The smaller blades weren’t the answer either, as they either didn’t want to follow the line because they bent too much when I was trying to maneuver the piece, or they burned the wood. After trying a couple of smaller sizes, I went back to the #9’s, as they did better.
I got through the thick pieces OK, but it certainly wasn’t my usual level of cutting. I was very happy that these were balloon type letters and strict precision wasn’t absolutely necessary. There are some corners where I had to go back and repair and shave them a bit better because the saw jumped and dove in on its own.
The pictures below illustrate some of the things I was talking about. At the bottom of the ‘a’ on the lower right side, you can see where the saw just jumped:
At the top of the ‘h’ it did the same thing:
It seems that at most of the corners it gave me a rough time:
Now I know that this saw is older and yes, it has been sitting in the basement for almost a year, but nothing really has bumped it around or anything like that to make it out of adjustment like this. After all, it was showing signs of age (it is quite noisy compared to my Ex) and that is why I decided to get a new saw in the first place. I am sure that it isn’t performing at its best at this point.
But there are few adjustments that we can do on it at this point, and while it does cut wood, I doubt that I would have been able to cut the delicate bell ornaments that I made last week on it – at least not with it in this state.
Am I becoming a “scroll saw snob?”
I don’t think so. I have said from the very beginning that I felt like having the Excalibur has brought my scrolling to a new level, and I do believe that is so. Since the new saw has virtually no back to front movement, I have come to the habit of leaning my work piece on the back of the blade while pivoting to turn, and since the blade movement is nearly all vertical, it works fine. With the slight horizontal movement of the blade, it tends to push the piece forward or back just enough for the teeth to catch on the up stroke and grab the piece.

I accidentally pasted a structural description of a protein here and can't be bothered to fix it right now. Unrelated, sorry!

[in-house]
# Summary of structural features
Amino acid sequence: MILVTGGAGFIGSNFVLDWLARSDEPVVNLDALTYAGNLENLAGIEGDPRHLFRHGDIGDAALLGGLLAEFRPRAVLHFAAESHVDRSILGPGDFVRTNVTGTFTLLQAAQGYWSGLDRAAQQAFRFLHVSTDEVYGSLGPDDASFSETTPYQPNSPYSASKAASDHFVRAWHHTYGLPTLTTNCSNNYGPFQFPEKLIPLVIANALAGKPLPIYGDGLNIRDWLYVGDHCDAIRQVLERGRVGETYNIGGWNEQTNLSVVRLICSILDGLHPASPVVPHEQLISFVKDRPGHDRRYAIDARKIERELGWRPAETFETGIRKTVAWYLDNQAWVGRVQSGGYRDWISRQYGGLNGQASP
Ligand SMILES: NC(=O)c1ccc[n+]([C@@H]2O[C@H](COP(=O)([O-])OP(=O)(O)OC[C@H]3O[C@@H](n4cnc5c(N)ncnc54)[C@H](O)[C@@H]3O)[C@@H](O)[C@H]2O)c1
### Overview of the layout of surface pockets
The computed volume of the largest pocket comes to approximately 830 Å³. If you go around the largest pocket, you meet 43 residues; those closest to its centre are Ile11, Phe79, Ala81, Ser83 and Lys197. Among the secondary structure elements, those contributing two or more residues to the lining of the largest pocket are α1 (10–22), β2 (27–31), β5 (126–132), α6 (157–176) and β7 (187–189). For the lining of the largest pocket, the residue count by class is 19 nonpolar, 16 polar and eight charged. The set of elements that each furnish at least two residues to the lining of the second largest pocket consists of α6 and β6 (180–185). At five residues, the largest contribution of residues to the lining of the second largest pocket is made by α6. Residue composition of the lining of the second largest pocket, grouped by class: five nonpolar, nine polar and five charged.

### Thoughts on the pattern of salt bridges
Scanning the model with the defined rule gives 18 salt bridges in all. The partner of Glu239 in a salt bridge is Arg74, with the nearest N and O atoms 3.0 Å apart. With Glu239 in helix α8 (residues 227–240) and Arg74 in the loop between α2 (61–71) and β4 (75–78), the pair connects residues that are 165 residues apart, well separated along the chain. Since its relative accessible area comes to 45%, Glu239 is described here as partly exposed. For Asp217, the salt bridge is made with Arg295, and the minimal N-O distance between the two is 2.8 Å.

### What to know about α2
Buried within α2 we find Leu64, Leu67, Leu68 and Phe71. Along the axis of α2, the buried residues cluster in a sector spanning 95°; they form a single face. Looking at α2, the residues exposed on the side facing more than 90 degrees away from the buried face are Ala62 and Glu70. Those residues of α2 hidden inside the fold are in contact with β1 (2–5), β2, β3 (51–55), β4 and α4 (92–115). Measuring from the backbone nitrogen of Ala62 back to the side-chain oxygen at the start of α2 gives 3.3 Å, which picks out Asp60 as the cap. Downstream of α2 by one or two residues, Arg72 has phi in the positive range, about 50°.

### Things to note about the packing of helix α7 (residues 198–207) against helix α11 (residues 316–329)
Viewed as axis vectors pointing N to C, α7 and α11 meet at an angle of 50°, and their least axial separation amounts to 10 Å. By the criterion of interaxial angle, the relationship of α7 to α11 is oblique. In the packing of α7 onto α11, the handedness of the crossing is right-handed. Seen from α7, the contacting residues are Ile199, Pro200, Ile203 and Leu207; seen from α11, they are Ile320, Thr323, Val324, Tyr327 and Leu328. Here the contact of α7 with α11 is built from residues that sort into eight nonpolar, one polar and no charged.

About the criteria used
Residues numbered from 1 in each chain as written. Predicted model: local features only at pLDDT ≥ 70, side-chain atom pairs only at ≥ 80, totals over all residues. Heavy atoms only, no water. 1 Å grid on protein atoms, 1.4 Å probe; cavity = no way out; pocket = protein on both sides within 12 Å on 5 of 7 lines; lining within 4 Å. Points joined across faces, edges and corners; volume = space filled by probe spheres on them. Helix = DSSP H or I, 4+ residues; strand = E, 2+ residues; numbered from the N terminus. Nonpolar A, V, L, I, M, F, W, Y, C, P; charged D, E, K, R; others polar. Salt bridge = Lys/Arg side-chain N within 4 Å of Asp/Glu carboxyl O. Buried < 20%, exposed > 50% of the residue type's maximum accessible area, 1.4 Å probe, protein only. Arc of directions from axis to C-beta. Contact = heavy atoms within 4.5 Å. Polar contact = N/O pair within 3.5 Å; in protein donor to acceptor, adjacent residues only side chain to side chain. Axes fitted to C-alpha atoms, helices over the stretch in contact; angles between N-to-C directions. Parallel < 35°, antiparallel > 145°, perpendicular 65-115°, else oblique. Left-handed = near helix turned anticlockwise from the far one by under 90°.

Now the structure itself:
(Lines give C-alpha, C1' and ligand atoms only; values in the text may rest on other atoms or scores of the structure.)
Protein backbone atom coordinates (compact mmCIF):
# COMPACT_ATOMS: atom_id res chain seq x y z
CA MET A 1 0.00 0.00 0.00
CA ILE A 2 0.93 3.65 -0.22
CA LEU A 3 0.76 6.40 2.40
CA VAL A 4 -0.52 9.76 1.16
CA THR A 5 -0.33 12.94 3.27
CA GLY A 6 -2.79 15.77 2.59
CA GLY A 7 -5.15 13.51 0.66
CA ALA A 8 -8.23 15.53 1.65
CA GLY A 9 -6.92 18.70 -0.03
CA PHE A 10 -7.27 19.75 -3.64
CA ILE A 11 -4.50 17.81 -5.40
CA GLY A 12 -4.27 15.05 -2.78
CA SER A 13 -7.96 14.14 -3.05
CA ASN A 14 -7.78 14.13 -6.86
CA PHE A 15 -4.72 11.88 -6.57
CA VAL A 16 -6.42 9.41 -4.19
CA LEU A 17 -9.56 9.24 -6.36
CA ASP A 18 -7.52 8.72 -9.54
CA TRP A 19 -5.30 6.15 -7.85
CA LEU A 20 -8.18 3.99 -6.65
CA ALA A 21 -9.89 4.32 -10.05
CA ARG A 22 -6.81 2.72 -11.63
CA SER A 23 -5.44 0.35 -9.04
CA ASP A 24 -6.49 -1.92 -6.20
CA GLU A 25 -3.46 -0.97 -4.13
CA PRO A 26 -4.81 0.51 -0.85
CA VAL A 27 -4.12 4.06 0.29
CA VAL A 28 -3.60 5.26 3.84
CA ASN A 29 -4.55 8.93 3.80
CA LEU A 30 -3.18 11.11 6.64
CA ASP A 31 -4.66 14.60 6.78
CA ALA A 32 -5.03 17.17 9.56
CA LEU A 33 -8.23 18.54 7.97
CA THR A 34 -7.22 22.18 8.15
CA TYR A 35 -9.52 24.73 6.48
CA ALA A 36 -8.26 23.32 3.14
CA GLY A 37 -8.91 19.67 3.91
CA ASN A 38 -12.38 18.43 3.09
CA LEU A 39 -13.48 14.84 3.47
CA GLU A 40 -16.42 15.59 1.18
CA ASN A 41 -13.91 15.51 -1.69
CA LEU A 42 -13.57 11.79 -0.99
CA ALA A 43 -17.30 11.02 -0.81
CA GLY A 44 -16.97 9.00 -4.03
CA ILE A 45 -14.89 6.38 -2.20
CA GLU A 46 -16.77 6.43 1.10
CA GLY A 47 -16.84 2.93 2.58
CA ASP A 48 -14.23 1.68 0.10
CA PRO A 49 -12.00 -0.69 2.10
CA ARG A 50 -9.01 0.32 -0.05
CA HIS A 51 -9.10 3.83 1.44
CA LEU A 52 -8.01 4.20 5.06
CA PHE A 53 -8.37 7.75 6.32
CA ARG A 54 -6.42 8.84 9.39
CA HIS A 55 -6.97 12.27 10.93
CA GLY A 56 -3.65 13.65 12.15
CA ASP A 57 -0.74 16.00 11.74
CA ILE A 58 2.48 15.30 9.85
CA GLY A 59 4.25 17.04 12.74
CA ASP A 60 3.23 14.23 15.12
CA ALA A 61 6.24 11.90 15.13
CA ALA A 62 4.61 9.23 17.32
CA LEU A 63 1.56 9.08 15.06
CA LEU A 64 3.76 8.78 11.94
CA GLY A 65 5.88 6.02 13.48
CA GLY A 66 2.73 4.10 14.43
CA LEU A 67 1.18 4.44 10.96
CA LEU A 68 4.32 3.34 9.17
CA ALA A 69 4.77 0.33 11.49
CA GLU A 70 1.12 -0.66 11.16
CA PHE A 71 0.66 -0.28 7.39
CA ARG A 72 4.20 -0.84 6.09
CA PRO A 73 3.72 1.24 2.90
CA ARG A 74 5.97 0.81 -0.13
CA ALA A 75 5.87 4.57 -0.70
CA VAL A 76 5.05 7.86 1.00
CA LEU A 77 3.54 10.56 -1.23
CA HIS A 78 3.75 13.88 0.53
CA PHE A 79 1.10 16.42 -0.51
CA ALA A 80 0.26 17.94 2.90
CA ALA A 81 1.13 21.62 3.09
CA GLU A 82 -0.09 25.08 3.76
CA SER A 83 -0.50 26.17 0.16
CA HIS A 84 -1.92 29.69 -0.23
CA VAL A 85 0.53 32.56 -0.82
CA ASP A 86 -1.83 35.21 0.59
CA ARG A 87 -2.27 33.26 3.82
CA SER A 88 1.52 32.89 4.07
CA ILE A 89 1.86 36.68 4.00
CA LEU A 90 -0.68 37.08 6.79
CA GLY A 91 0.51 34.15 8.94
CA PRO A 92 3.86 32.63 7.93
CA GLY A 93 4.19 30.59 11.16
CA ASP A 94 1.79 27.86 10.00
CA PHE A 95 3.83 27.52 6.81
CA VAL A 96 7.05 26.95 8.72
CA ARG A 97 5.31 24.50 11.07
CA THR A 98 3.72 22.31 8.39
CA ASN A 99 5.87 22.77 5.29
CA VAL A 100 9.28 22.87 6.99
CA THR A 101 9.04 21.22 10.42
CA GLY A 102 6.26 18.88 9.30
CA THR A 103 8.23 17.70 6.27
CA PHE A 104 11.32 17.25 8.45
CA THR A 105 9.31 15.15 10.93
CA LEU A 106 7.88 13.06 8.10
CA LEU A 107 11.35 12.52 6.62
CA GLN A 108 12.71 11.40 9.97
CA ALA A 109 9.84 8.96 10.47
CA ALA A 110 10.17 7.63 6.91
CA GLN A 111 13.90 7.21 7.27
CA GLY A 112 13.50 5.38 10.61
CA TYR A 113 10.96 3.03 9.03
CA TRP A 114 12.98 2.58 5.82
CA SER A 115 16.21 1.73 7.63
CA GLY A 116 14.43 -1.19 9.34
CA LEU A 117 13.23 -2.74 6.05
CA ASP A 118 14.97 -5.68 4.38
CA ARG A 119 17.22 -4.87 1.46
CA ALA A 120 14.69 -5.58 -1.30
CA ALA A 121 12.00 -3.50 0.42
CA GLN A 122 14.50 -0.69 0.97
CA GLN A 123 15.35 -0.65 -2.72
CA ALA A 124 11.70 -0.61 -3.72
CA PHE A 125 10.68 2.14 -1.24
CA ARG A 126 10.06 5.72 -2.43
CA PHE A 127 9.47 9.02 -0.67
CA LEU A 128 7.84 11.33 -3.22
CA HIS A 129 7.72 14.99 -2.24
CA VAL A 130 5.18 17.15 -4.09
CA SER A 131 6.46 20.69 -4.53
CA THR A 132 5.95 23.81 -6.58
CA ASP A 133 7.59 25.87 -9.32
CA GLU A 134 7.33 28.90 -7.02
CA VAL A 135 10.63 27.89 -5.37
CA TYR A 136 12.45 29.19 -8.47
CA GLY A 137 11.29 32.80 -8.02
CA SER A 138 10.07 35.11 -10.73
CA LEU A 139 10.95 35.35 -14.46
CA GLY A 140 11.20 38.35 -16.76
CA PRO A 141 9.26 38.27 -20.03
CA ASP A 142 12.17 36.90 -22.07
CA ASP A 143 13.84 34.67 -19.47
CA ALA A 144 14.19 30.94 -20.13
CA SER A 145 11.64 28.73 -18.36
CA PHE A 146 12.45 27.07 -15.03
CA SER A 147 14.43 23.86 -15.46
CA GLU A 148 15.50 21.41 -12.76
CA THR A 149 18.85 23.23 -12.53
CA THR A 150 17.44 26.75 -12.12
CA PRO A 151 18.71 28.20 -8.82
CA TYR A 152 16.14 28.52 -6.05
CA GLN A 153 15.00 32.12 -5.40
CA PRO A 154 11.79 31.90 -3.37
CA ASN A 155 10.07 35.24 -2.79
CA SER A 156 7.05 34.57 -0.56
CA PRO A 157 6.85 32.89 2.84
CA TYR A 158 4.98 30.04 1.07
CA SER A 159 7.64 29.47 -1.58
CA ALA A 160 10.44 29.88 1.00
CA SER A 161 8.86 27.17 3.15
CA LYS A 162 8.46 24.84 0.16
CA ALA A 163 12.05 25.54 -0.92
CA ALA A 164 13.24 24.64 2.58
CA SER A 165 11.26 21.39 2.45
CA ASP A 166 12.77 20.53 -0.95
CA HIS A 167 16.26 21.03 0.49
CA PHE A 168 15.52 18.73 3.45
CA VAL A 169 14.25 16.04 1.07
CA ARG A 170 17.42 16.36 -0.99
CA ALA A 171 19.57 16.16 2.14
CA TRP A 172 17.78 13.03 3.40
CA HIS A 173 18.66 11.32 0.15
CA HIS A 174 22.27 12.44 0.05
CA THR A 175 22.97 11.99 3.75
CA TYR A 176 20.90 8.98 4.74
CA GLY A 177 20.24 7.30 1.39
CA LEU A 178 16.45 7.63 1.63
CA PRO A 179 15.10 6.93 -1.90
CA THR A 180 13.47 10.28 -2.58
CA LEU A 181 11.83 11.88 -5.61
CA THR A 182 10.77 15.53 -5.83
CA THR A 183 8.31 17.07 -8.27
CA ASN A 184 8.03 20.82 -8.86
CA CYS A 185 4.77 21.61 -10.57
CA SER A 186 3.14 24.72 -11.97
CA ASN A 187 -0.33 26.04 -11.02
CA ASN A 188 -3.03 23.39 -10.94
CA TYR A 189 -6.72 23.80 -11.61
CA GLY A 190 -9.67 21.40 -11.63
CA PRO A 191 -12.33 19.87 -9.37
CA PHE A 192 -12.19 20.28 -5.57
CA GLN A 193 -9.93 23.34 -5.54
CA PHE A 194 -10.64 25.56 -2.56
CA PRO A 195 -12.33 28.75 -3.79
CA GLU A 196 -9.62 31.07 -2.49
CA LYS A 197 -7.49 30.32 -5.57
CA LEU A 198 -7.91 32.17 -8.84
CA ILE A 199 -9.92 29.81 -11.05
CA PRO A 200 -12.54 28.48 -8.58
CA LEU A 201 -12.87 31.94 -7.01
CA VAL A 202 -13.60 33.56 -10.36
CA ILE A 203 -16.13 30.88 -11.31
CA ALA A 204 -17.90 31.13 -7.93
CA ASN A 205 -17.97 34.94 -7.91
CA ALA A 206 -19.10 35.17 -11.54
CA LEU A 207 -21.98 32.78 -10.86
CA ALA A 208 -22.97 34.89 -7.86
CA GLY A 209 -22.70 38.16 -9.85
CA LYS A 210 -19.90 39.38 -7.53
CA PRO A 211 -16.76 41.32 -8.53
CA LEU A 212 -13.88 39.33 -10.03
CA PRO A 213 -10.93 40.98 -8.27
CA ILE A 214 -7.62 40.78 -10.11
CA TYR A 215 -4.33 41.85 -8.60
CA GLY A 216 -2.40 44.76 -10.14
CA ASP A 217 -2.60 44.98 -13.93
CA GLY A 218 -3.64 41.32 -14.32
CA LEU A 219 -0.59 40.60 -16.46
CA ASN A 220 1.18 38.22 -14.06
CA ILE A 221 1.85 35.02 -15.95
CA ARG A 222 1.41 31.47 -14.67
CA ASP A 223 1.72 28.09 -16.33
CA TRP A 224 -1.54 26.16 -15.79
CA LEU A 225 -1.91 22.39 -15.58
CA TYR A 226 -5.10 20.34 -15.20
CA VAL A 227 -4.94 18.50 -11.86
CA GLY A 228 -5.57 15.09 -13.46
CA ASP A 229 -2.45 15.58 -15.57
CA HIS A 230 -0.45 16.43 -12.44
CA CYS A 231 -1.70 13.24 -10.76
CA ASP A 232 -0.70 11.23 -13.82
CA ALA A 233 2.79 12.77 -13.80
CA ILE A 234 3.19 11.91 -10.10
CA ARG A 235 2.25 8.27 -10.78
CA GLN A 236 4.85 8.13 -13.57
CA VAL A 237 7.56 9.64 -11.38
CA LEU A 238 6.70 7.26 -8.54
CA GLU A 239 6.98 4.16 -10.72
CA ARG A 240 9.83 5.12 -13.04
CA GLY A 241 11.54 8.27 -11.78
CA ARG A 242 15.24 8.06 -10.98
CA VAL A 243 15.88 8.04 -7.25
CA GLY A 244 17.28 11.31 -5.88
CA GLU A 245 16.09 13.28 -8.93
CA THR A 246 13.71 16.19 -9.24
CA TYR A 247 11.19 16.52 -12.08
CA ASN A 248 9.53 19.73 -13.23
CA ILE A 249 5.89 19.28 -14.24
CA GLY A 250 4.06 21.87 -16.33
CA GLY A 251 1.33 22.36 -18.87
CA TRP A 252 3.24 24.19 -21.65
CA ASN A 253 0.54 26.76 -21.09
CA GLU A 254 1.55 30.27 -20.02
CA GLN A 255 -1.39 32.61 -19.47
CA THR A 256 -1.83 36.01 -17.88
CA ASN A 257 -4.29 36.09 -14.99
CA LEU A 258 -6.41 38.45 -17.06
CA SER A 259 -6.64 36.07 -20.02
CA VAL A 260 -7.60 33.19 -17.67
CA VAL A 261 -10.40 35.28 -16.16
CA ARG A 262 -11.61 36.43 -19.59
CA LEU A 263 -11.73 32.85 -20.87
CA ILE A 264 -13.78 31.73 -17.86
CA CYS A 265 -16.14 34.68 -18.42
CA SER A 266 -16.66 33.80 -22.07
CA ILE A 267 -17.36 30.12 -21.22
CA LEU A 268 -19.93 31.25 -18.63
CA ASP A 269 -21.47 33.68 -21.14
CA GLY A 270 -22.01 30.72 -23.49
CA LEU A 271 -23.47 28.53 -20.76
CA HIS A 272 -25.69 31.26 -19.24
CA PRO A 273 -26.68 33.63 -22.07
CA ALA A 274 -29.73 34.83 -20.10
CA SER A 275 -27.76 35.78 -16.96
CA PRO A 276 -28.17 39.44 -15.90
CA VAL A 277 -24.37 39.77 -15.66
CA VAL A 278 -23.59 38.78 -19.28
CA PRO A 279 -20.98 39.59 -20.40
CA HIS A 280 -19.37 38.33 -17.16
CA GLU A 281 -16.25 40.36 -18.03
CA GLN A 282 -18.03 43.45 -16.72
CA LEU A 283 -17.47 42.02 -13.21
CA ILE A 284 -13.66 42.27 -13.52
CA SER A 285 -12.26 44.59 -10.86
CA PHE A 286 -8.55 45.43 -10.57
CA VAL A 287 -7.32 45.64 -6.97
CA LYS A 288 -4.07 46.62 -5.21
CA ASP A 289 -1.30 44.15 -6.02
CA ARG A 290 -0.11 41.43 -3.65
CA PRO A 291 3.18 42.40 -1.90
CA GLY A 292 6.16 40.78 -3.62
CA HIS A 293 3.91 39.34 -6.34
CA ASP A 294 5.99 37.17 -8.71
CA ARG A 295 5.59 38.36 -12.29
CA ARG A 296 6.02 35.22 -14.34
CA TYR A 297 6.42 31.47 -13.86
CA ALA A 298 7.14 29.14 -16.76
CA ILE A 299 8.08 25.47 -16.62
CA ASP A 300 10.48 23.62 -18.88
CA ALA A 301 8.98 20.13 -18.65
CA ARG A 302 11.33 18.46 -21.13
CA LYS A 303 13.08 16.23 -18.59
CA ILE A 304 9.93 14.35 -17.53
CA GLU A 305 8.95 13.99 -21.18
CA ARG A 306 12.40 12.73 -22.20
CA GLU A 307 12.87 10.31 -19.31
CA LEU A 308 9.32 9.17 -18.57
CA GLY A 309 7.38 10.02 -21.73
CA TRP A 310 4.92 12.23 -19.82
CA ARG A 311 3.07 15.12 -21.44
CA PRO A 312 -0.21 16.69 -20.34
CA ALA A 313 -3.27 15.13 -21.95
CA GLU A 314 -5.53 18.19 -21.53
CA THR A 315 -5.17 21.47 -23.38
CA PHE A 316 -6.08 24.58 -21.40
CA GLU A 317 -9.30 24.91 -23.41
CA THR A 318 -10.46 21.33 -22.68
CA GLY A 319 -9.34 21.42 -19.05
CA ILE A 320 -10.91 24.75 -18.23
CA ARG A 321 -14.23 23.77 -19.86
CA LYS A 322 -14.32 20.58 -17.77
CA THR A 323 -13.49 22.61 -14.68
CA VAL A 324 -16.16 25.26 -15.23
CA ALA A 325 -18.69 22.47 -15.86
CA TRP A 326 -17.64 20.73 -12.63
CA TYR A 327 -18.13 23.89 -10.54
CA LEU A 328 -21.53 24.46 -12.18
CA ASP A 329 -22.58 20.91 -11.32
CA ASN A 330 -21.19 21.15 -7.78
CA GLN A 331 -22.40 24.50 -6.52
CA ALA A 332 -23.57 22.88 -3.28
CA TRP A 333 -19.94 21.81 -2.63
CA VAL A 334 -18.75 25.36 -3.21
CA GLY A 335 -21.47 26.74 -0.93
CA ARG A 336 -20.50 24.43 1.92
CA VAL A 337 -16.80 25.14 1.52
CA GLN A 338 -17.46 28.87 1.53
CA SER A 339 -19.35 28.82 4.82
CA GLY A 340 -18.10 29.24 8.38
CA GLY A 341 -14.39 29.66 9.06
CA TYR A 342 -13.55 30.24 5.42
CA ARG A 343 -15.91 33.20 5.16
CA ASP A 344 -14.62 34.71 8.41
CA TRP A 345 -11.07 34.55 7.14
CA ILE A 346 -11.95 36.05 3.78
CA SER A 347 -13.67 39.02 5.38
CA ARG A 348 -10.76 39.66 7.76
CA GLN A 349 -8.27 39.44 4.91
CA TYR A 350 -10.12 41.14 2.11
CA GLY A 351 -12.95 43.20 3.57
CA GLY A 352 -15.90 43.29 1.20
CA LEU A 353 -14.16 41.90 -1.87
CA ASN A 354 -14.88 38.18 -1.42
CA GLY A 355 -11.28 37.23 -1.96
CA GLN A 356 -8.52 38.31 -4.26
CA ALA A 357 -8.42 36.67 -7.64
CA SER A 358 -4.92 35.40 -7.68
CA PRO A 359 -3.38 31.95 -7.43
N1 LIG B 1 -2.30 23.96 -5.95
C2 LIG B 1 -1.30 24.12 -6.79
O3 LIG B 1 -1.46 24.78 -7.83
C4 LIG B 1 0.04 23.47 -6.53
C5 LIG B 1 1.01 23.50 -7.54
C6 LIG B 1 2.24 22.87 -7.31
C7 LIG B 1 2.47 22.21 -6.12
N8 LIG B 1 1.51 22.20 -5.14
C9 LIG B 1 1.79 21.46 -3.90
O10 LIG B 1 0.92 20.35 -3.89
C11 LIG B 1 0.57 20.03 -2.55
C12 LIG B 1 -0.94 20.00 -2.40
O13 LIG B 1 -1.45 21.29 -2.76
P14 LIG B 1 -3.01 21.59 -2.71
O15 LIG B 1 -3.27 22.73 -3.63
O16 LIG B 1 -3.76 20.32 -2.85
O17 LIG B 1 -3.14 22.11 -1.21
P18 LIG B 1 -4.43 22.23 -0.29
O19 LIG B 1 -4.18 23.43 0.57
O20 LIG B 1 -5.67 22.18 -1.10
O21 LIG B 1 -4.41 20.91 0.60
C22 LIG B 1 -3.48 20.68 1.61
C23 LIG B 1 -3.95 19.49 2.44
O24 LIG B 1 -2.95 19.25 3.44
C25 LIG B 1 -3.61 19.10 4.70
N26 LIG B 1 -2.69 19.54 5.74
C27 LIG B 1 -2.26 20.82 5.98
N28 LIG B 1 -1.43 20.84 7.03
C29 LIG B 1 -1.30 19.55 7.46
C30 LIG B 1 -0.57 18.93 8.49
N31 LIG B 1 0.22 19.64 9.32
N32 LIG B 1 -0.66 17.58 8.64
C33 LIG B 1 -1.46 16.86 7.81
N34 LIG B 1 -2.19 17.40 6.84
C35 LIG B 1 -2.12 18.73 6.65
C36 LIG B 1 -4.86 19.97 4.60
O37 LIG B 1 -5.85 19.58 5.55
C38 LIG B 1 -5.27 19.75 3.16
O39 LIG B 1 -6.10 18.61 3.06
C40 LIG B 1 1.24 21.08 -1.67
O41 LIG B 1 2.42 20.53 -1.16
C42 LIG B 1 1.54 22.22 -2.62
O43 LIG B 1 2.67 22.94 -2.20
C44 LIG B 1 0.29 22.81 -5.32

While I was able to make things work, it took much more pressure for me to hold the piece down, meaning that turns were more difficult and the whole process was much more stressful for me. By the end of cutting the two thicker pieces, I was once again getting the hang of it, but it certainly wasn’t what I would call ‘fun.’
I finished the two stand up pieces and they did come out to be acceptable:
They did require a bit of grooming and sanding, but they look OK. As I said in the beginning, it is better than not having a saw at all.
I even began painting the MDF piece and I think it looks bright and cheery and really nice:
That is only the base coats blocked in, and I will be finishing up the shading and details today. But even if people decided to leave it like this, all it would need would be a little black outlining and it would be great to go.
I also cut the thin pieces for calendar overlays and I will be showing them tomorrow. They were cut of two layers of 1/8” maple (or birch, I couldn’t really tell) and while they were a bit easier than the thicker stock, it still took some practice to get the hang of the saw.
I think that this was good for me to go back to the old saw. It reminded me how much of a difference that having the proper tools can make. I realize that the Excalibur is a more expensive saw, but there is a reason that you pay more. Overall, for someone like me who spends a lot of time cutting, I wouldn’t want to have anything less. It isn’t that I just want to throw money away on an expensive saw for bragging rights. There are several other models of scroll saws that cost more, some of which I have owned and since given away. I just feel that the performance and features that this saw has are great and using it really makes my time there relaxing and pleasurable, not exasperating and frustrating. I truly felt like a fish out of water at that saw, and it took a while for me to once again get used to it.
I stand by my recommendation to get the ‘best tools you can afford.’ While the cheaper tools can get you by in a pinch, there is nothing like having a well made tool to do the job. It could be the difference between keeping involved in the hobby and moving on to something else.
But it will do for me until my part arrives.
Have a wonderful Monday!
-- Designer/Artist/Teacher. Owner of Sheila Landry Designs (http://www.sheilalandrydesigns.com) Scroll saw, wood working and painting patterns and surfaces. "Knowledge is Power"